Sometimes it takes a noob.
Alexis joins a struggling Gnome race in a Virtual online game called ArcOn. As a complete newbie in gaming she has some rather unorthodox approaches to encounters that normal gamers likely would not even have thought of doing. As her online character Yllo Tinkerpuff, she makes some weird choices that work for her. She goes from encounter to encounter using her ‘logic’ to solve them. This is fortunate because with her stats she is more dangerous to herself in a fight than to her opposition.
The Gnomes have to be careful to ensure they do not get stopped again. Their previous problems all seem to point to an individual or group targeting the race to make it fail. Luckily the Gnomes now have an unorthodox noob, a colorful spider, a bored AI and new friends to help them move forward.
This is literature role-playing- game novel with light use of in-game mechanics, statistics and items.
My Opinion: 198 pages, $2.99, Not Available on Kindle Unlimited
The story has an interesting concept. Take the worst player race in this VR game, a gnome, and work to make it among the best and most powerful. However, the actual execution in the story leaves something to be desired, mainly that the main character feels like she earns something.
I’ll be honest, the first 29% of this story is a little boring and there are semi-regular technical writing mistakes that make the dialogue feel stilted. The main character (MC), Alexis, decides to play a VR game and is forced to be a gnome. She chooses a rare class and gets into a fight she should never have one and gets a bunch of rewards it feels like she shouldn’t have gotten. The story gets better after the 30% mark, but I almost put the book down because I wasn’t really feeling it.
After the 30% mark, things really do get more interesting. Crafting is introduced, town building, dungeon diving, and pet raising. Lots of good storytelling opportunities. There certainly are some nice stories that are told. I especially like some of the small background tales and personalities for secondary characters like Scarlett and Igor.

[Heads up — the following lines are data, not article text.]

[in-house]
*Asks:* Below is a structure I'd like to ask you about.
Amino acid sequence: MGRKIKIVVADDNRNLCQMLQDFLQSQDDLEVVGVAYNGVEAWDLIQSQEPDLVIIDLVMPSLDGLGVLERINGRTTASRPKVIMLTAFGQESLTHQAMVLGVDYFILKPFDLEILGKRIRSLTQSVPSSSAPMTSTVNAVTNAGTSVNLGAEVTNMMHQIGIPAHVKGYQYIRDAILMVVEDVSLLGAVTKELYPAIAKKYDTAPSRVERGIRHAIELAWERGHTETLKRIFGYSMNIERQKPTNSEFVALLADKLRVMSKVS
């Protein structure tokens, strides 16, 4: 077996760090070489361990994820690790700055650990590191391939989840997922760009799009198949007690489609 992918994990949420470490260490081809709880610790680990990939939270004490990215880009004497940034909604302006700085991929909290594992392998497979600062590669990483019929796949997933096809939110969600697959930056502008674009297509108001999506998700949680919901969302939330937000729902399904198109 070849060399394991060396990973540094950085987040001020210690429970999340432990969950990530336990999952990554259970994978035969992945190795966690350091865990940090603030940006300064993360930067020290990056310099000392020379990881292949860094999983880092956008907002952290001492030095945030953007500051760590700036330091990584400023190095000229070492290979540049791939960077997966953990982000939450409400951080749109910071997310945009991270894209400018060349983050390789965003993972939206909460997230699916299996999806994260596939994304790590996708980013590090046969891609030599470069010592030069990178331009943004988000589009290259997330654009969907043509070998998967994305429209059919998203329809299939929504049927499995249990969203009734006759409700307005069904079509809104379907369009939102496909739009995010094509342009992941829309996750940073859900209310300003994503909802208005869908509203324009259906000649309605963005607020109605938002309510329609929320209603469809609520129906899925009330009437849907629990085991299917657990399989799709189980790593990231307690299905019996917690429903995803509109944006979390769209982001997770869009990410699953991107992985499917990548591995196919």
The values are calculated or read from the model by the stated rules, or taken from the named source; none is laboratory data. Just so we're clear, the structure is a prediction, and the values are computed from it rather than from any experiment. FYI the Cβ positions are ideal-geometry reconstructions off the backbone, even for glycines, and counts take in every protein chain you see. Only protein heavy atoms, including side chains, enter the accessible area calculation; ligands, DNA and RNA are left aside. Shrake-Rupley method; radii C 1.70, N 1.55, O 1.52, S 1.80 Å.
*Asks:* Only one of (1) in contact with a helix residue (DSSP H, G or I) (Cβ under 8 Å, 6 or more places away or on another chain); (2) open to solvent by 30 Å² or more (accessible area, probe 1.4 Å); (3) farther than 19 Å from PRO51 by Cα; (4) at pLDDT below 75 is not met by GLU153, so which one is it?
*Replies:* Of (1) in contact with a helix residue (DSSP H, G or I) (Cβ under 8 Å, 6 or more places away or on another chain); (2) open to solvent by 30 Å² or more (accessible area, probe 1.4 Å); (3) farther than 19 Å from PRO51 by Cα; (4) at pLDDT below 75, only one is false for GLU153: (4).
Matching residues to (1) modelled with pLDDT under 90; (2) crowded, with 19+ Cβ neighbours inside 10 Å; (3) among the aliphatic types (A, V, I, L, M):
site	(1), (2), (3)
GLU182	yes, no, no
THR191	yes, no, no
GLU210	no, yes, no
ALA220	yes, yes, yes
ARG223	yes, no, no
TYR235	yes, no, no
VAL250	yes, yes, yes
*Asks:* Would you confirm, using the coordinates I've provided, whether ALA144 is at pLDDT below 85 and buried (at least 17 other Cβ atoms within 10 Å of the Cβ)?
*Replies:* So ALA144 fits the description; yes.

However, recurring issues in the story kept me from really enjoying things. Issues like contradictions in the story and the feeling that everything is either forced or handed to the MC on a silver platter. In the case of contradictions there are things established early in the story, like that the MC isn’t a gamer, that are later contradicted when she starts using a bunch of gamer terms and referencing game mechanics she shouldn’t know about yet. In the case of things being handed to the MC. Well, just about every fight feels that way, but especially the 1st fight. She defeats a level 35 boss monster when she’s just level 1. Without copious amounts of preparation, there’s just no way she should have won that fight. Lots of the good things that happen to the MC feel that way. One of the most common phrases among the other gnome players use when talking to the MC is ‘now why didn’t we ever think of that?’ Because the MC magically is the one to solve all their problems with revolutionary ideas like fighting in groups, talking to all the NPCs, organizing players, or choosing a particular skill.
Overall, while there were some very good ideas and story moments, on the whole it just misses being good for me because it felt like the MC lacked agency sometimes and that she never earned or suffered for the great outcomes that she got.
Score: 6 out of 10